Mitigating Hazards: A Pre-Ride Motorcycle Inspection Checklist

It’s Friday night after a long week of work, and you’re ready to cut loose. The weatherman is yapping on the news channel about how this weekend will be perfect temperatures and cloudless skies. Your mind wanders to that bike in your garage, and you start thinking about how a ride is in order. Whether you have ridden that bike every day to work this week, or you are just taking it out of the garage from the winter, giving your bike a quick motorcycle check is the best way to start a ride. Personal protective equipment is essential, but to protect yourself adequately, you must ensure the bike you are going to ride is also safe.

Making Sure Your Bike Is Ready For The Ride

tire_penny_testWhen you went to the required motorcycle school, you may have learned that the Motorcycle Safety Foundation gives a three-minute inspection time, there is no set timetable for inspecting your bike. If you ride your motorcycle daily, then you know what to expect, but if you are just pulling your bike out for the first time from the winter, you may want to pay more attention to the details.

  1. Tires and Wheels - Look for wear spots, dry rot, and anything that has lodged itself in the tread. Use the penny test to check for tire wear. While you are down there looking, check your tire pressure. Then make sure your spokes are tight and straight, and there are no dings in your rims. Check that there is no bend in your rim. An easy way to do this is to raise the motorcycle on a bike jack and spin the wheel while looking directly down the wheel from tire to hub.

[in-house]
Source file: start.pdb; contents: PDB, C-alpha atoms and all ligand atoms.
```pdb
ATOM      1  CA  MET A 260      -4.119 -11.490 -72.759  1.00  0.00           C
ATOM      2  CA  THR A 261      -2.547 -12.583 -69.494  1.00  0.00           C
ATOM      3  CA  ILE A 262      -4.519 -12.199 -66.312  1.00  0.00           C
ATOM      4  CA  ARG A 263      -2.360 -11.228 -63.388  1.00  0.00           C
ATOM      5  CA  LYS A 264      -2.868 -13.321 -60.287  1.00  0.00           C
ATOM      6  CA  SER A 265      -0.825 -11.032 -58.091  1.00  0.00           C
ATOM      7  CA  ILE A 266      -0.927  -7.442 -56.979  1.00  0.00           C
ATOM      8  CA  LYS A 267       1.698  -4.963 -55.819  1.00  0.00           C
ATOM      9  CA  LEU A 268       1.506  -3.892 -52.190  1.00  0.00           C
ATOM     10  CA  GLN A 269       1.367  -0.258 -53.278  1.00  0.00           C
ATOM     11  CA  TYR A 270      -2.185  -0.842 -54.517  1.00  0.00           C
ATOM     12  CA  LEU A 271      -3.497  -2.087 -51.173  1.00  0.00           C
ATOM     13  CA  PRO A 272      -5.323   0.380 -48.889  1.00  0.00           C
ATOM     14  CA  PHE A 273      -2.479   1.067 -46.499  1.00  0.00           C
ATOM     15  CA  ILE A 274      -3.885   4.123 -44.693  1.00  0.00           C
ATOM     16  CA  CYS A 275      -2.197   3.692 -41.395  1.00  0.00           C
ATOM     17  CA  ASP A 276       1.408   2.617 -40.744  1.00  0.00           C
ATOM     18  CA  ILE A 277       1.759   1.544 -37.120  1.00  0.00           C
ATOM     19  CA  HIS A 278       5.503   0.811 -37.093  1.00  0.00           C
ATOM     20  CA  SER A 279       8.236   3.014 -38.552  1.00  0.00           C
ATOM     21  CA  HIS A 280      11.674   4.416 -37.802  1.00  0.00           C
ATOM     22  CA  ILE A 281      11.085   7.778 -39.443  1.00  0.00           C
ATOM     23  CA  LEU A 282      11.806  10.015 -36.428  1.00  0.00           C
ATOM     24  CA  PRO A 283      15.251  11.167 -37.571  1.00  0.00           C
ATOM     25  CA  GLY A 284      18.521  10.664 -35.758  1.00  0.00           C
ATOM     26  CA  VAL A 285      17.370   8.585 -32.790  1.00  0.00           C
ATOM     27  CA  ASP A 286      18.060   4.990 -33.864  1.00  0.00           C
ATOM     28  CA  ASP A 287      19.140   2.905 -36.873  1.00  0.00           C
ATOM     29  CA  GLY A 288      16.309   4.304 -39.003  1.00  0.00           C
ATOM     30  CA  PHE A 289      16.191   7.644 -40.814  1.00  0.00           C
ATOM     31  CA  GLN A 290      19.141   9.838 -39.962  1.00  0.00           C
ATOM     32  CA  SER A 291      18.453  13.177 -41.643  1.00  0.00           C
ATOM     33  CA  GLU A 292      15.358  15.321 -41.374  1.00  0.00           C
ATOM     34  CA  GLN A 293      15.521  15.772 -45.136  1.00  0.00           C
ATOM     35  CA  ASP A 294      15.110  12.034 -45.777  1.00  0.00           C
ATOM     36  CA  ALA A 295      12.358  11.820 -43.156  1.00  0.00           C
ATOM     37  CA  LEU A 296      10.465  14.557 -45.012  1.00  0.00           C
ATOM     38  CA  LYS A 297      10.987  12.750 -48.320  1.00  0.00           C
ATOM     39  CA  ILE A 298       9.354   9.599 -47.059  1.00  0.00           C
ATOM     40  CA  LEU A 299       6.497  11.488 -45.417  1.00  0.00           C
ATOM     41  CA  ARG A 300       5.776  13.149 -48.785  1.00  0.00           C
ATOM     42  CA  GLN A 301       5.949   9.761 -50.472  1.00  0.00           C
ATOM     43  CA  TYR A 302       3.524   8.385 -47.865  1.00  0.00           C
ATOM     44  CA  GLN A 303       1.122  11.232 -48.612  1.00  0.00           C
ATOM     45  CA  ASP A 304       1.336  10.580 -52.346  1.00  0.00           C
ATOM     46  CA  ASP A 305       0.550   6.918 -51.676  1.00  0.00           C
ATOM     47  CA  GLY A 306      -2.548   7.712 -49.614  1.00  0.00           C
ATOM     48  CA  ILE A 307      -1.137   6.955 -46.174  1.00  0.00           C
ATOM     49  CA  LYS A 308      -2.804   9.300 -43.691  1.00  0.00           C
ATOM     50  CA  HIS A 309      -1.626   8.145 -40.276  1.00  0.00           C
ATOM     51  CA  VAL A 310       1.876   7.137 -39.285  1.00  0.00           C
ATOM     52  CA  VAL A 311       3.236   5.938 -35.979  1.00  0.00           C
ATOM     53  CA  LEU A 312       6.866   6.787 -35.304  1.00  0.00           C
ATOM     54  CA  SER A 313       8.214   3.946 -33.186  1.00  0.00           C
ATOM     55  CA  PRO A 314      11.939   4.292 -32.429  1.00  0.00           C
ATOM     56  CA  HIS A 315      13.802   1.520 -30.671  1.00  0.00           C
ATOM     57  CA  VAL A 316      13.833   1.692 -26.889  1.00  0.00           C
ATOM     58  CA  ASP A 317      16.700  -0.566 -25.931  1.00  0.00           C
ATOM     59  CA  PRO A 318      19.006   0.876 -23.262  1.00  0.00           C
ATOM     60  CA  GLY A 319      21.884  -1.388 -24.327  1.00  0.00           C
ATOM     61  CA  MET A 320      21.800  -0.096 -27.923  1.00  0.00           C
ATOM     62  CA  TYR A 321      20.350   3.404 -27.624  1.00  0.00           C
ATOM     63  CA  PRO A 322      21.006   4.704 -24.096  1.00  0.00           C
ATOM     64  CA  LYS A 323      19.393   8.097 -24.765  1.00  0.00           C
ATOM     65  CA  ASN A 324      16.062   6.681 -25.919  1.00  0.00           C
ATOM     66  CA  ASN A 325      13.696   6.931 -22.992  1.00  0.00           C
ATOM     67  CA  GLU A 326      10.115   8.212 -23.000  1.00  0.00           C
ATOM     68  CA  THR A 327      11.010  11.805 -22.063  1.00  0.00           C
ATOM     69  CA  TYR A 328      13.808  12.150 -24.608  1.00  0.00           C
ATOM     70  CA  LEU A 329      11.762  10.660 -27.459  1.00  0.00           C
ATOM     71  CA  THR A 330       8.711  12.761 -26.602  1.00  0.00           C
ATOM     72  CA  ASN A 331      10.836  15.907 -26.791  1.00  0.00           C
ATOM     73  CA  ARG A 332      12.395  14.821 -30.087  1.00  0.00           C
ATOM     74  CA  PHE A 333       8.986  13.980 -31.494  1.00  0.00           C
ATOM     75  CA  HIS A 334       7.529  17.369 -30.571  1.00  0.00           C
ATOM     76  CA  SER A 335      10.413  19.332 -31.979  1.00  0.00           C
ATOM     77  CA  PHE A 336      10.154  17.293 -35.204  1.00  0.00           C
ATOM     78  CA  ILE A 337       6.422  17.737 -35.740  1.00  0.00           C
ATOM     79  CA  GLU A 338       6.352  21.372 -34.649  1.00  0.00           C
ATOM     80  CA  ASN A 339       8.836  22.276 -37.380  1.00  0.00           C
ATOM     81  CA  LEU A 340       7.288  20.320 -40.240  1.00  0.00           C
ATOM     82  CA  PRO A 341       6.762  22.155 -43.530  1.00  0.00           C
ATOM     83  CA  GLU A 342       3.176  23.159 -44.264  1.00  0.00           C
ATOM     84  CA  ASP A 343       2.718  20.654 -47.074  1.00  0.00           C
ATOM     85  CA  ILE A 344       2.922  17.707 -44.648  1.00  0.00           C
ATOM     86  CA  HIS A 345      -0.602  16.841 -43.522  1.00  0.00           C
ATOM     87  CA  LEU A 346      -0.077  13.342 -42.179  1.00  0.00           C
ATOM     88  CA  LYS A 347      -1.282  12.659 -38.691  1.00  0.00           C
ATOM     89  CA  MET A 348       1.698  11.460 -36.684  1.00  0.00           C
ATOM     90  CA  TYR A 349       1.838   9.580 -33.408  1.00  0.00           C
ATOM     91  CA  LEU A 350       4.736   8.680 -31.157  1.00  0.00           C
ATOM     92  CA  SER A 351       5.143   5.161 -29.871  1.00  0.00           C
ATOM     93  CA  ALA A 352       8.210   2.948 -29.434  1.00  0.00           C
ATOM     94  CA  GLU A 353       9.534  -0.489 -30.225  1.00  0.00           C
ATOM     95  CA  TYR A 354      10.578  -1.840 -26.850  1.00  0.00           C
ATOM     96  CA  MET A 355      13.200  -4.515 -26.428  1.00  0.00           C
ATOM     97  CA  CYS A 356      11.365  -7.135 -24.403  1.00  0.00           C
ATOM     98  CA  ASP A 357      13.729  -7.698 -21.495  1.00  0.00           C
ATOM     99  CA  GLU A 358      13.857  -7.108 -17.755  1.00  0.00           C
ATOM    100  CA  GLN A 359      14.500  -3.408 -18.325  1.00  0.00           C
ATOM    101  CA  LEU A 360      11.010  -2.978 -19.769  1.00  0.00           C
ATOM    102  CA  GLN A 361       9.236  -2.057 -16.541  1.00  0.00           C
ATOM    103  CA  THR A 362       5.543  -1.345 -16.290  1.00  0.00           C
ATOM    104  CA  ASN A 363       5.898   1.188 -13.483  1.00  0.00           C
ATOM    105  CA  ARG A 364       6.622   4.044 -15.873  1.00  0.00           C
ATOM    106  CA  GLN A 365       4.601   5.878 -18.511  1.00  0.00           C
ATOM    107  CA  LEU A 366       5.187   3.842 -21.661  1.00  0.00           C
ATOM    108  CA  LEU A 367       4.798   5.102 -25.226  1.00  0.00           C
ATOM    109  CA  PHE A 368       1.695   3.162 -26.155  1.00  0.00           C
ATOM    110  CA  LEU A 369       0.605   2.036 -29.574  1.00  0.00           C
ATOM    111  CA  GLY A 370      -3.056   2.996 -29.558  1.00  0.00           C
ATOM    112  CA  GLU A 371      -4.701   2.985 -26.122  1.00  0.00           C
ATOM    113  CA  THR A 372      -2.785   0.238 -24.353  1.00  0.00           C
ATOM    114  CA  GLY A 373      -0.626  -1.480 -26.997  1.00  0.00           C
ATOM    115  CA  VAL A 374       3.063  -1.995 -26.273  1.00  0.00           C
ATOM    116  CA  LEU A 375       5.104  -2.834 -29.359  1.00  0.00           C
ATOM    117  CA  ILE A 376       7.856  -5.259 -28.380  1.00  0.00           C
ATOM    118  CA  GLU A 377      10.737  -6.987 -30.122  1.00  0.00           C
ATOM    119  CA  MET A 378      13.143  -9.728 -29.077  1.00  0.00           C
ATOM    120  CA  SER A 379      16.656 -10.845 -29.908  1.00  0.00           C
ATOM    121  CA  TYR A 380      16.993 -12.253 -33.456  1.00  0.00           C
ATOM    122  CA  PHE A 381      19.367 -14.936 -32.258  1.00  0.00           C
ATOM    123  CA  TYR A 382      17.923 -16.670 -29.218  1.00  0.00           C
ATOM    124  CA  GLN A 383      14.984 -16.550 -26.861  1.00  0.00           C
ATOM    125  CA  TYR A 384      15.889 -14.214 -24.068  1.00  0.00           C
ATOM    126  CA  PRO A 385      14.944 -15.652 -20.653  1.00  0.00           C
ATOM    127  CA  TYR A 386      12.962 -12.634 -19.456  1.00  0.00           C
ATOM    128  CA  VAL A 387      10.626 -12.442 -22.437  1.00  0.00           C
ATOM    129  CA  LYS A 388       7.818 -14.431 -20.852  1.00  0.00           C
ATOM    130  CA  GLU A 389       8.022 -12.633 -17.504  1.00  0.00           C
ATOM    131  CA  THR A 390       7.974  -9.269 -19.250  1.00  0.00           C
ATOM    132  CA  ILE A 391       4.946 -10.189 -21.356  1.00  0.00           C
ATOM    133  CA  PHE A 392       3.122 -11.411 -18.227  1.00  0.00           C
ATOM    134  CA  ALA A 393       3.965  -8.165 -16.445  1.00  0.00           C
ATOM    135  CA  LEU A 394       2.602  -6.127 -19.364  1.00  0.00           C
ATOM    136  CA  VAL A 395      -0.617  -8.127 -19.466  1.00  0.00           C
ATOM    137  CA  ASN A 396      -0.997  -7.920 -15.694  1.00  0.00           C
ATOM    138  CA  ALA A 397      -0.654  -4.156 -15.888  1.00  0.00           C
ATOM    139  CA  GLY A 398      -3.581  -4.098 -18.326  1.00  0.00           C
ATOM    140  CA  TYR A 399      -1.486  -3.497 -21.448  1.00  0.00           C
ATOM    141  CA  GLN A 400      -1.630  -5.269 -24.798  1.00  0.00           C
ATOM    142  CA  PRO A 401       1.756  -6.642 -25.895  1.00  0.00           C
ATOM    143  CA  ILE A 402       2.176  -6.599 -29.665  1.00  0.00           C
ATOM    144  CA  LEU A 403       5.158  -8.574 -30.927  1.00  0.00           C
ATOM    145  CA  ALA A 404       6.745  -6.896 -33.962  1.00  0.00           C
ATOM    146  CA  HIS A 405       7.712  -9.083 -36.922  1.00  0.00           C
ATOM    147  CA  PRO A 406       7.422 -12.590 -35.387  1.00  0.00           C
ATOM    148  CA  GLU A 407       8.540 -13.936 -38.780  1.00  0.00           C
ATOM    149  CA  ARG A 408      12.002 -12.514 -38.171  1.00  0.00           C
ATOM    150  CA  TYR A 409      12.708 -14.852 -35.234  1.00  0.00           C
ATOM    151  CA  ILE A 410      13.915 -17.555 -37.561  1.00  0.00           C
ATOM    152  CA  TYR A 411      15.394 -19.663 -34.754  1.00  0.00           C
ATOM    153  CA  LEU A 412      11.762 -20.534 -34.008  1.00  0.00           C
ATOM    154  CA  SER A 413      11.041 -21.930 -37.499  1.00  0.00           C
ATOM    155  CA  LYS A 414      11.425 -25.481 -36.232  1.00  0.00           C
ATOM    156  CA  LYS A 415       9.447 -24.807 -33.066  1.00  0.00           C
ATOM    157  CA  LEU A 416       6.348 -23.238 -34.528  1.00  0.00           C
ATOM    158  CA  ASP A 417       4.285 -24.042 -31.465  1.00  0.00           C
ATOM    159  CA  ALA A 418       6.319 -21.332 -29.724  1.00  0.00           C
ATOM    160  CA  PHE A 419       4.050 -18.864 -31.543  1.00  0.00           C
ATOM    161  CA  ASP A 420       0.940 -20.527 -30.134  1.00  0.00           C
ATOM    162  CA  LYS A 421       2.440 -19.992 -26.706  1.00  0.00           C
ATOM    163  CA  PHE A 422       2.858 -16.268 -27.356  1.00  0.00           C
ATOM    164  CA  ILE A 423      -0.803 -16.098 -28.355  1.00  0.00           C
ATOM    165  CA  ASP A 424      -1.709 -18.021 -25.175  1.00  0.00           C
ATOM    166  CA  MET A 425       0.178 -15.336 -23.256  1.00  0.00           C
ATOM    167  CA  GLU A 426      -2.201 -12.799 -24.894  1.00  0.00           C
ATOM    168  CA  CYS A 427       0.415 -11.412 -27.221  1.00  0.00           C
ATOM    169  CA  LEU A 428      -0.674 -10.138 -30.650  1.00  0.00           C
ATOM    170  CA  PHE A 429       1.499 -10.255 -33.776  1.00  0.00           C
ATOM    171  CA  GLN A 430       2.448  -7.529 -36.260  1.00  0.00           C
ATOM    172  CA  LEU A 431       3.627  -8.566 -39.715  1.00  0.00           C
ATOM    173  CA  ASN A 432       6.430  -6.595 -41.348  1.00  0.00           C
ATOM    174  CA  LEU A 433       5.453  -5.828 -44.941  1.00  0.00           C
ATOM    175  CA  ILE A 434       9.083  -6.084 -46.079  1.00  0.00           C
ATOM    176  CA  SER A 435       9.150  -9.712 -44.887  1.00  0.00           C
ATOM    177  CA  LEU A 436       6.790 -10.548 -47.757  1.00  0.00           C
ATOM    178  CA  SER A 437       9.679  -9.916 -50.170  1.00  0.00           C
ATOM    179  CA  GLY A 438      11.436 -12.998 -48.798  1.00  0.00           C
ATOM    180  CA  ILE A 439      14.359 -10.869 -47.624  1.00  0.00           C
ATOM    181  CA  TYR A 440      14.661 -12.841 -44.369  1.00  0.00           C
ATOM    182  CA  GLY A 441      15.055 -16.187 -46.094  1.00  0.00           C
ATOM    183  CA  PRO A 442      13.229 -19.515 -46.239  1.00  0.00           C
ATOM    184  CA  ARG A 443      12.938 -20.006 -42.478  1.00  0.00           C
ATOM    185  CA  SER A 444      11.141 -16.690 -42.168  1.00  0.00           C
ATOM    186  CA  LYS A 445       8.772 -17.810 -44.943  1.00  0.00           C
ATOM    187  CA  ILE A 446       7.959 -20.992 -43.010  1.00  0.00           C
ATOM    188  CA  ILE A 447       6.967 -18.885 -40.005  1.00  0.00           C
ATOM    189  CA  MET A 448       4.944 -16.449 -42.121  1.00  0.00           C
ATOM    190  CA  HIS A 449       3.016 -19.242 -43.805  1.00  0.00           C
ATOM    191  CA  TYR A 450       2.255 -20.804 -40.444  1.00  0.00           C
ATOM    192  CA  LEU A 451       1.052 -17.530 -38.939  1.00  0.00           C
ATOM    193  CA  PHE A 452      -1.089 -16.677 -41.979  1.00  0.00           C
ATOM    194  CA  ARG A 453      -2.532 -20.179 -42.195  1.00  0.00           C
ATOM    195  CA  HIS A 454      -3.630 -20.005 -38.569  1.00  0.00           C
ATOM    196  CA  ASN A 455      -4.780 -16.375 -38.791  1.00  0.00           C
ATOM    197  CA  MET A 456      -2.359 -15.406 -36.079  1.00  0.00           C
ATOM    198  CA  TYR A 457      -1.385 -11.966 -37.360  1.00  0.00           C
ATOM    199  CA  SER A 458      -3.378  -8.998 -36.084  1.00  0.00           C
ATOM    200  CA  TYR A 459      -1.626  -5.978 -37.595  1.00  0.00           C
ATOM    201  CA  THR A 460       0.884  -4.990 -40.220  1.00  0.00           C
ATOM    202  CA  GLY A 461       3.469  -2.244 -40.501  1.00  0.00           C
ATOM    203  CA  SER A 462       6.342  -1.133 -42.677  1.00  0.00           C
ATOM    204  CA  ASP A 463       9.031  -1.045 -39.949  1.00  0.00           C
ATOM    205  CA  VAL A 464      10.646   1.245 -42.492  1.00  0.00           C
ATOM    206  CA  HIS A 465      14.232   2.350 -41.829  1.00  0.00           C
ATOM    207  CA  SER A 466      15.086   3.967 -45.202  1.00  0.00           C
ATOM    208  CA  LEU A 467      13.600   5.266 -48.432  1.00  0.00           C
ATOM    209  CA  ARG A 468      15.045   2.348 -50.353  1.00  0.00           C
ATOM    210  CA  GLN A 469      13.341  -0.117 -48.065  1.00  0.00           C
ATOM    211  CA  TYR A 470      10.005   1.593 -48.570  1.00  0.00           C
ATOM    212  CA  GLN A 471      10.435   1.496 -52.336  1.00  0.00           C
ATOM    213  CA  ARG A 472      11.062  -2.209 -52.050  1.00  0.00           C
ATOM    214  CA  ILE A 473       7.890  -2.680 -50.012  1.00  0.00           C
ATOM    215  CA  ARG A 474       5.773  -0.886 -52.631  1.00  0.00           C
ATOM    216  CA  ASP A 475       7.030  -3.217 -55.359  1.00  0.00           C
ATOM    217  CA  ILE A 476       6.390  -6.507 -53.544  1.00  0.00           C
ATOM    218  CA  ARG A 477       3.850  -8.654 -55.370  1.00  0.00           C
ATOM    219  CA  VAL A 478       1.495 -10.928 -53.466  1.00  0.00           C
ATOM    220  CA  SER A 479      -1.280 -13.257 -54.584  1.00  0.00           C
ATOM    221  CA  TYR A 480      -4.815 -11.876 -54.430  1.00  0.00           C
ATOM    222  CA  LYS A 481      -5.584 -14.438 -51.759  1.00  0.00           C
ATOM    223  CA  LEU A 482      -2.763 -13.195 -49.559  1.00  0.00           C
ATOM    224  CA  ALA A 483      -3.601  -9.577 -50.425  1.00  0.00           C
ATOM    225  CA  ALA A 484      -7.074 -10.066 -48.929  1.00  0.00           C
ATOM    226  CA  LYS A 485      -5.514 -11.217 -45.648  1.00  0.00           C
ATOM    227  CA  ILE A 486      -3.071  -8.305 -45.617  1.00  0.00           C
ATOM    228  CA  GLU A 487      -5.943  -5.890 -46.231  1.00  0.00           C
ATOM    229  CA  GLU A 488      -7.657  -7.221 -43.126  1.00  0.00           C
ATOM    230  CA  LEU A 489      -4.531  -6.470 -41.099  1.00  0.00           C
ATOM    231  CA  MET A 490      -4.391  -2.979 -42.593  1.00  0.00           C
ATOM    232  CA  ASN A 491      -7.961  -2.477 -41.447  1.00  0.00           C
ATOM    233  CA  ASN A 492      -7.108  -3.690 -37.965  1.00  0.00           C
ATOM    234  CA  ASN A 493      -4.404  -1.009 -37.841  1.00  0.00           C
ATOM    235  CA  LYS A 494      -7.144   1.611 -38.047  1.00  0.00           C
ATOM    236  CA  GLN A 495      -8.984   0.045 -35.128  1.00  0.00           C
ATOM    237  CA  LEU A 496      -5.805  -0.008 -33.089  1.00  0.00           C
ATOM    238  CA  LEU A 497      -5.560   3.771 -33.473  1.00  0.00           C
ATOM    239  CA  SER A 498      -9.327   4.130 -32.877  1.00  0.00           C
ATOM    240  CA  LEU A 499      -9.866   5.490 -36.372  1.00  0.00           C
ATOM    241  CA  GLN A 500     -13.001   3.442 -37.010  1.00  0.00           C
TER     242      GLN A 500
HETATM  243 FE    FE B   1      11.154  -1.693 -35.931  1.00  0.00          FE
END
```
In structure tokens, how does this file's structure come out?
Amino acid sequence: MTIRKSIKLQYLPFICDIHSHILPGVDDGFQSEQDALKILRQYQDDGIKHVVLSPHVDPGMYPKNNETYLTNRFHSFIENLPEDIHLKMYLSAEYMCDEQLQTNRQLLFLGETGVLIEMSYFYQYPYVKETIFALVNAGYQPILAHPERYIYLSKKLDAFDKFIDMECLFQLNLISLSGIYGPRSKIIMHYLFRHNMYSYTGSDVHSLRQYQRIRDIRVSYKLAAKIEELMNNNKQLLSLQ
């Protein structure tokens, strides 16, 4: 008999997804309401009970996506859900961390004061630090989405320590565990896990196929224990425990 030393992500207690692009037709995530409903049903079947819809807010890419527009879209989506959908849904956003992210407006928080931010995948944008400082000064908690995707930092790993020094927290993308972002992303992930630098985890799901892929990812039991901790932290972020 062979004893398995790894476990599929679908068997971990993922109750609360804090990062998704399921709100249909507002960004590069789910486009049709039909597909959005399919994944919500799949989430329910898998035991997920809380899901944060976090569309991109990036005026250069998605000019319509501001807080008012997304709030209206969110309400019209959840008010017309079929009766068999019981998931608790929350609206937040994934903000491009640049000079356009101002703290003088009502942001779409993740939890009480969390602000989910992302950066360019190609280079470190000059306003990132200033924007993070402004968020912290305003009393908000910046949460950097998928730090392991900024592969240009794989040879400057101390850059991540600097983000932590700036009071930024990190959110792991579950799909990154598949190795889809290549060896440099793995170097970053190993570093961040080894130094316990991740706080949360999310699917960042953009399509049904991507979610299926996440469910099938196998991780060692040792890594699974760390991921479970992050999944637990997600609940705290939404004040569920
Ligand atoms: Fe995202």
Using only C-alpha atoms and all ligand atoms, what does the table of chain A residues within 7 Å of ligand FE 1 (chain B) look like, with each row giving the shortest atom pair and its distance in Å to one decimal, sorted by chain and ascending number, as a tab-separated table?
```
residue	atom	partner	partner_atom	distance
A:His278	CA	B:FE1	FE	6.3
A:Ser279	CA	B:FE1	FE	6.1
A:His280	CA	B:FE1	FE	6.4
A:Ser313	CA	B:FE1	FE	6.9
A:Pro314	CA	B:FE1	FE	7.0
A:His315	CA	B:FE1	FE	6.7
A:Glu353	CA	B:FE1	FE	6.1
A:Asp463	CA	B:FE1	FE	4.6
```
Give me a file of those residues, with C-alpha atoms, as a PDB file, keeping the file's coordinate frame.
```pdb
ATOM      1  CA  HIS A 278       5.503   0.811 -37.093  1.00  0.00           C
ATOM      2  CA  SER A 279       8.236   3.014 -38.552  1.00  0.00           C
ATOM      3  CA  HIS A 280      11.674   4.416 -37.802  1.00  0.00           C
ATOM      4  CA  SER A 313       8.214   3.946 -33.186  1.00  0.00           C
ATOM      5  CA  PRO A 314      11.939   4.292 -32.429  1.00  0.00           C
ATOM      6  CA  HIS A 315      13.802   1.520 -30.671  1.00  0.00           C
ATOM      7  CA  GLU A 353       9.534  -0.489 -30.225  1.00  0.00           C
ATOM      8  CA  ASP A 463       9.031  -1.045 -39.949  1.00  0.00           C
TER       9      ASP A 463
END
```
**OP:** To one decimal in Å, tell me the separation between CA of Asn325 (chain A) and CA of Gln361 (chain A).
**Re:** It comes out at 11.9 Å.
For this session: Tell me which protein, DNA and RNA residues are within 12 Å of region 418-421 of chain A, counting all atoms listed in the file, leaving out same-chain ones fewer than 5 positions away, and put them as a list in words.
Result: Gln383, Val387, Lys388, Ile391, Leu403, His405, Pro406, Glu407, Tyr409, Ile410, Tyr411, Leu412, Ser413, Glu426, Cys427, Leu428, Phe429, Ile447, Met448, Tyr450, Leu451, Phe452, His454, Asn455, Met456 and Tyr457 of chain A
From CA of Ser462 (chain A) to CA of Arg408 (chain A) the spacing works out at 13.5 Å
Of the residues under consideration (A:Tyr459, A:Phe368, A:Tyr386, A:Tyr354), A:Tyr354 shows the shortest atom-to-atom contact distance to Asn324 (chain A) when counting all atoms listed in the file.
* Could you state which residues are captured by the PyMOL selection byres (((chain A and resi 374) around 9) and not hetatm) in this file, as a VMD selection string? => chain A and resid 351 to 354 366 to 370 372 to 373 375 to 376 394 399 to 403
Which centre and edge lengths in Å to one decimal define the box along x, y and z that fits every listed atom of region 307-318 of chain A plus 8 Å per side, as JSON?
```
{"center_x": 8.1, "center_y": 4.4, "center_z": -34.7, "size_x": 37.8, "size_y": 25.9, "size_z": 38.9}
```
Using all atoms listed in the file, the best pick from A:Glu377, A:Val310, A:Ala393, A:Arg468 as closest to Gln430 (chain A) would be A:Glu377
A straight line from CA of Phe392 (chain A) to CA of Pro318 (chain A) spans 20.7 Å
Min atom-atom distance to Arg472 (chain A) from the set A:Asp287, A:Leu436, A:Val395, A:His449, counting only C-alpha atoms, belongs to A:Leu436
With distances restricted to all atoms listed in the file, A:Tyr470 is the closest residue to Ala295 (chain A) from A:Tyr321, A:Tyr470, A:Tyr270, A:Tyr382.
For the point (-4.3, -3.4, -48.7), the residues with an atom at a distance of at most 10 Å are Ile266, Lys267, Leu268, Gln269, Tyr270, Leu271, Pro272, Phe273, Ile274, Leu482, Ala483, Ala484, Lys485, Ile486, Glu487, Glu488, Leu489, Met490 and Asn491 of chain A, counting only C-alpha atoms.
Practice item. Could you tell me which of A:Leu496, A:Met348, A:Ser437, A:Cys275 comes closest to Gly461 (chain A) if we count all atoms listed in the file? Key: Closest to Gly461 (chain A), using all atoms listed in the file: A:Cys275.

2. Things That Stick Out - Inspect your control levers for proper function, as well as structural integrity. Ensure the handlebars are secured properly, the brake and throttle cables move freely, and show no wear. Inspect hoses for nicks, bulges, and connection points. Check mirrors to ensure they are tightly attached and free from obstructions.
  3. Electrical Stuff - Start by inspecting the battery. Open your battery compartment and ensure the terminals are clean the terminal wires are tight. Next, flip the key to on and check the headlights, taillights, and turn signals (both front and back). Flip the headlights from low beam to high beam and back to low. Check the brake lights using both the pedal and the lever. Look for cracks and obstructions on each light lens.
  4. Fluids - Fluids keep your bike running cool, and are equated to the blood of your bike. Start by inspecting the coolant level, which should always be checked while the bike is cold. Next, check the brake, transmission and gear oil. Then check the oil while the bike is warm, using the dipstick or oil sight glass while the bike is upright and level. Look for leaks from hoses and gaskets.
  5. Body Check - Take a walk around your bike and look at the body. Often, the best time to do this is when you are washing and waxing your bike. Look at the front forks to see that they have equal travel and pressure, check rear shocks for smooth travel and load. Examine the chain or belt for tension and lubrication. Test all fasteners to be sure that nothing has been sheared off or rattled loose.

While a pre-ride inspection may take a few minutes of your day, an accident can occur in a split second, and the effects can last a lifetime. Print and laminate a safety checklist and keep it in your garage where you keep your bike to be sure that you never miss a detail. Protect yourself, and protect your investment by taking a walk around your bike before every ride!

Keep the shiny side up and the greasy side down!

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